Sunday-Wednesday 4/9-4/12

Issued: Sun, Apr 09, 2017 at 8AM

Expires: Wed, Apr 12, 2017

Springtime conditions: avalanche danger decreases with overnight cooling and increases with daytime warming.

Plan your day to minimize your exposure to steep slopes later in the afternoon.

Friday April 14: VAC Full Moon Spring Fling FUNraiser with Acoustic Avalanche at the Tsaina Lodge

Above 2,500ft Moderate

1,800 to 2,500ft Moderate

Below 1,800ft Moderate

Degrees of Avalanche Danger ?

1. Low
2. Moderate
3. Considerable
4. High
5. Extreme

Avalanche Danger Rose ?

Avalanche Problems ?

Problem Details

SUNDAY MONDAY TUESDAY & WEDNESDAY

DANGER SCALE

WET AVALANCHES:
Elevation:
   Below 5000′
Aspect:
 South, East in AM, West in PM
Terrain:
Steep terrain near rocks and vegetation.
Sensitivity:
   Touchy when warmed.
Distribution:
   Specific.
Likelihood (Human Triggered):
   Likely
Size:
  Small-Large
Danger Trend:
   Increasing quickly each day with warming temperatures, falling at night
Forecaster Confidence:
   Good

PERSISTENT SLAB:
Elevation:
  Above 2500′
Aspect:
 All
Terrain:
Slopes > 35*
Sensitivity:
   Stubborn on northerlies, Touchy when warmed by sun
Distribution:
   Widespread
Likelihood (Human Triggered):
   Possible
Size:
  Small – Large
Danger Trend:
   Decreasing
Forecaster Confidence:
   Fair

AVALANCHE PROBLEM SCALE DESCRIPTORS:
Sensitivity: Non-reactive, Stubborn, Responsive, Touchy
Distribution: Isolated, Specific, Widespread
Likelihood: Unlikely, Possible, Likely, Nearly Certain
Size: Small, Large, Very Large (size scale <here>)
Danger Trend: Increasing, Steady, Decreasing
Forecaster Confidence: Good, Fair, Poor

AVALANCHE PROBLEM TOOLBOX <here>

SNOWPACK DISCUSSION:

intermountain-zone-iconInter-Mountain (Transitional) Specific:  Monitor where surface hoar and near surface facets are being buried by fresh flurries.

The storm that ended April 6 laid down 2-4 inches of water equivalent in our upper elevations; 3-4 feet of snow up high on the coastal side with rain below ~3600′. Much less precipitation fell interior of Thompson Pass.

The storm snow is reportedly settling and bonding well to old layers. The exception is a few upper elevation areas where buried near surface facets are still reactive. South wind during that storm formed new cornices and some pockets of windslab near and below ridgelines. The tail end of the precipiation, April 4-6, pushed temperatures above freezing to 4500′ on the north side of the pass and up to 5500′ in the maritime.

Daytime green house effect (short wave radiation bouncing between the snow surface and cloud cover) and periods of direct sunshine caused wet loose activity to entrain and step down, releasing slab avalanches to size D3 April 6-8. In really shallow areas, wet loose has scoured directly to the ground.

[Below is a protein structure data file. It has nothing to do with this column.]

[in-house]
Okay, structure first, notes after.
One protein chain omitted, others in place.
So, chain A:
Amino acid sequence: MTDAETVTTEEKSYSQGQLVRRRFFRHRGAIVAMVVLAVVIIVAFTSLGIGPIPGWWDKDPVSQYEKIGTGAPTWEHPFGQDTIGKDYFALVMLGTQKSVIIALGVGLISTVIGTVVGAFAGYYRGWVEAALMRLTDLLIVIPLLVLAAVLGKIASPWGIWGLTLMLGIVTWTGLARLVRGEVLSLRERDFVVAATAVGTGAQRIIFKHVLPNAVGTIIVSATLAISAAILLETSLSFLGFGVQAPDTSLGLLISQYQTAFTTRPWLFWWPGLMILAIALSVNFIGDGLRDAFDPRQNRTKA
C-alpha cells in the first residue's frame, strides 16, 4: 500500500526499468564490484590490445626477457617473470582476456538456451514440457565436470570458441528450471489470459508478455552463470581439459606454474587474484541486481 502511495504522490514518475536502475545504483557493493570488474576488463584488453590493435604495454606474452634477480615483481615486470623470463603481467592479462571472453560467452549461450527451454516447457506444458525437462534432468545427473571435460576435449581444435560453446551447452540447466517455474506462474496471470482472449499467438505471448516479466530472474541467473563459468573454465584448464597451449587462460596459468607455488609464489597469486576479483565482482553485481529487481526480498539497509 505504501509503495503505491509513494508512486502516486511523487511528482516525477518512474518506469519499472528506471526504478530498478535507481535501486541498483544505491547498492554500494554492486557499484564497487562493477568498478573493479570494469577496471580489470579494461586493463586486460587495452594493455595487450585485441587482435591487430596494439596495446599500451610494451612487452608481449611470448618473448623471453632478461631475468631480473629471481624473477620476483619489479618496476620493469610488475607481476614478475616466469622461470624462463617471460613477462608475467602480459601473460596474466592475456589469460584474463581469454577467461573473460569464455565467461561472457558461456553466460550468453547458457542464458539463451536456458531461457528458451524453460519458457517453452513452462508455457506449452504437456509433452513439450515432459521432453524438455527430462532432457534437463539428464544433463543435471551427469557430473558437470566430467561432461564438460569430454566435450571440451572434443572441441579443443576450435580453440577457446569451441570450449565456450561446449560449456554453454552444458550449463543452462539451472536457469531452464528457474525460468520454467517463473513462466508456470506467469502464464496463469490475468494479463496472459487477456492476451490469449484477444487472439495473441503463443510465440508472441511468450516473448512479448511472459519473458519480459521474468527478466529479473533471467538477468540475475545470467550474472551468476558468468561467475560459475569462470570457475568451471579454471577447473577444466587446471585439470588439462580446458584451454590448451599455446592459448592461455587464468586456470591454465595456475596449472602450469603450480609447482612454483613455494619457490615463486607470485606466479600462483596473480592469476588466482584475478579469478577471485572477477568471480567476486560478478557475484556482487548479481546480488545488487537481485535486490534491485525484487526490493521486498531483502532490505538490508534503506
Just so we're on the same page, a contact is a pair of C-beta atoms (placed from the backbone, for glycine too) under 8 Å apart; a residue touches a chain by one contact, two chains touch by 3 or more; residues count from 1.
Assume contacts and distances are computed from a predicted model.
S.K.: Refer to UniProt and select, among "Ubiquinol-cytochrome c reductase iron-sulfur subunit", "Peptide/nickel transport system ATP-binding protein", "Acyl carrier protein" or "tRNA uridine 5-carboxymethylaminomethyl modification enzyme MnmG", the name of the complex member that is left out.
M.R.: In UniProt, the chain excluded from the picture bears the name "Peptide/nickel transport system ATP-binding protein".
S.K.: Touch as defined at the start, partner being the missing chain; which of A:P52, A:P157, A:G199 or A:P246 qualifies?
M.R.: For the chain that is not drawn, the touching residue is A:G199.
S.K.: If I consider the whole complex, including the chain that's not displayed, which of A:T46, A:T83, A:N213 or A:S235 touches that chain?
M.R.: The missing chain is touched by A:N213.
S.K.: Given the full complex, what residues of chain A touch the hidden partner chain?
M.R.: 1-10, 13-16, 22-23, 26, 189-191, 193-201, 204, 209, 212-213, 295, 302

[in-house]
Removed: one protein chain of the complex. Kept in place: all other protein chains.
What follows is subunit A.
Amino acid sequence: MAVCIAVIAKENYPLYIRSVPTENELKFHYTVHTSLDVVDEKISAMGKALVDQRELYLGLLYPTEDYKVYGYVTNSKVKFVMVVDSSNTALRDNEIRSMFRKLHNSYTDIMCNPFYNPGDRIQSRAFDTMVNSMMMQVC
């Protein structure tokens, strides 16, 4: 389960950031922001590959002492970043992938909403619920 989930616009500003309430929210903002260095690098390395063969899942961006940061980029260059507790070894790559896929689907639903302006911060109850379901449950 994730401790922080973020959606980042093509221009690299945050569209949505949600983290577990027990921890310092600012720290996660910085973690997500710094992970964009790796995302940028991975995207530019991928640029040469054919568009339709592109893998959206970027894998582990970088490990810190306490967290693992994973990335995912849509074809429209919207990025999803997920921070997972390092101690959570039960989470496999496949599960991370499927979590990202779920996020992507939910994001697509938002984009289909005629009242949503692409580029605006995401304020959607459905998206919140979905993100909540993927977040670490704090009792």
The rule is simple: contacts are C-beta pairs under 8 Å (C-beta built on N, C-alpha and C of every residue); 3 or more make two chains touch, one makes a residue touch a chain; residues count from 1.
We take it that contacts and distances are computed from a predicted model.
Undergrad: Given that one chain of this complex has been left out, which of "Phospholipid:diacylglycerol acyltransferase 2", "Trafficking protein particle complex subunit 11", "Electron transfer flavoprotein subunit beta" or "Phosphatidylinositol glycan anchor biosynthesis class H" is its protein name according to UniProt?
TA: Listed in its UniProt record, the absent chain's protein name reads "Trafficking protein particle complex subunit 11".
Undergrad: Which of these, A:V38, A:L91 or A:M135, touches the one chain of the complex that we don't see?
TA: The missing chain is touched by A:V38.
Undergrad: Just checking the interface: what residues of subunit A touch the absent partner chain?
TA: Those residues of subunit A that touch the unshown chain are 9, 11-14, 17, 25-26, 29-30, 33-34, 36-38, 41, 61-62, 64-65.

Persistent slab problems are still a concern in colder, thinner and more continental areas. The structure is very poor and the potential for a storm slab or hard slab to step down to weak basal facets is scary. Continue to monitor this structure as temperatures rise and weaken the firmer, overlaying structure.

Find more photos and observations at the bottom of the page. Sharing your observations creates an informed community that everyone benefits from at some point.

Recent Avalanche Activity

intermountain-zone-iconInter-Mountain (Transitional) Specific:  

  • April 6-8: wet loose avalanches on southerlies have stepped down to large D3 slabs (peeling entirety of the last storm snow off old firm surfaces) that have run far into the flats. Mostly in lower elevations under 4500, but some higher.
  • Large wet debris running far into flats on south side of Tone’s Temple

    Slabs pulling out from wet loose off of southerlies along Worthington Glacier

    More fresh releases off Girls Mountain south face.

  • April 3 small D1 avalanches triggered on southerly aspects at high elevations.
  • April 3: Hard wind slab collapse reported near the top of couloirs/ridgeline
  • April 2: human triggered small (D1) wind slab avalanche reported on a southerly aspect, released from thin coverage on rocks above
  • March 31: D2 human triggered avalanche on N aspect at 3500′

Recent Weather

See Maritime Zone for updated weather.

Additional Info & Media

Weather Quicklinks:

SNOW CLIMATE ZONES:

  • coastal-zone-iconMaritime (Coastal) – from the Port of Valdez to Thompson Pass, all waters flowing into Valdez Arm and everything south of Marshall Pass.
  • intermountain-zone-iconInter-mountain (Transitional) – between Thompson Pass and Rendezvous Lodge.
  • interior-zone-iconContinental (Interior) – the dry north side of the Chugach (north of 46 Mile, including the Tonsina River).

Photo of Thompson Pass

thompson-pass-ski-runs

Interactive Map of Valdez Forecast Areas w/ Many Resource Layers (Trevor Grams)

climate-zones-topoclimate-zones-satellitegoogle-earth1

Run Map of Thompson Pass Area (Sean Wisner) (2MB download)
VAC Run Map Thompson Pass

NEWS: Our region is “one of the snowiest places on earth” – Serendipity / Rendezvous snowfall record set in 1963 <here>.

Free smart phone avalanche forecasts at: http://www.avalancheforecasts.com/

Posted in Intermountain Forecasts.
Sarah Carter

Forecaster: Sarah Carter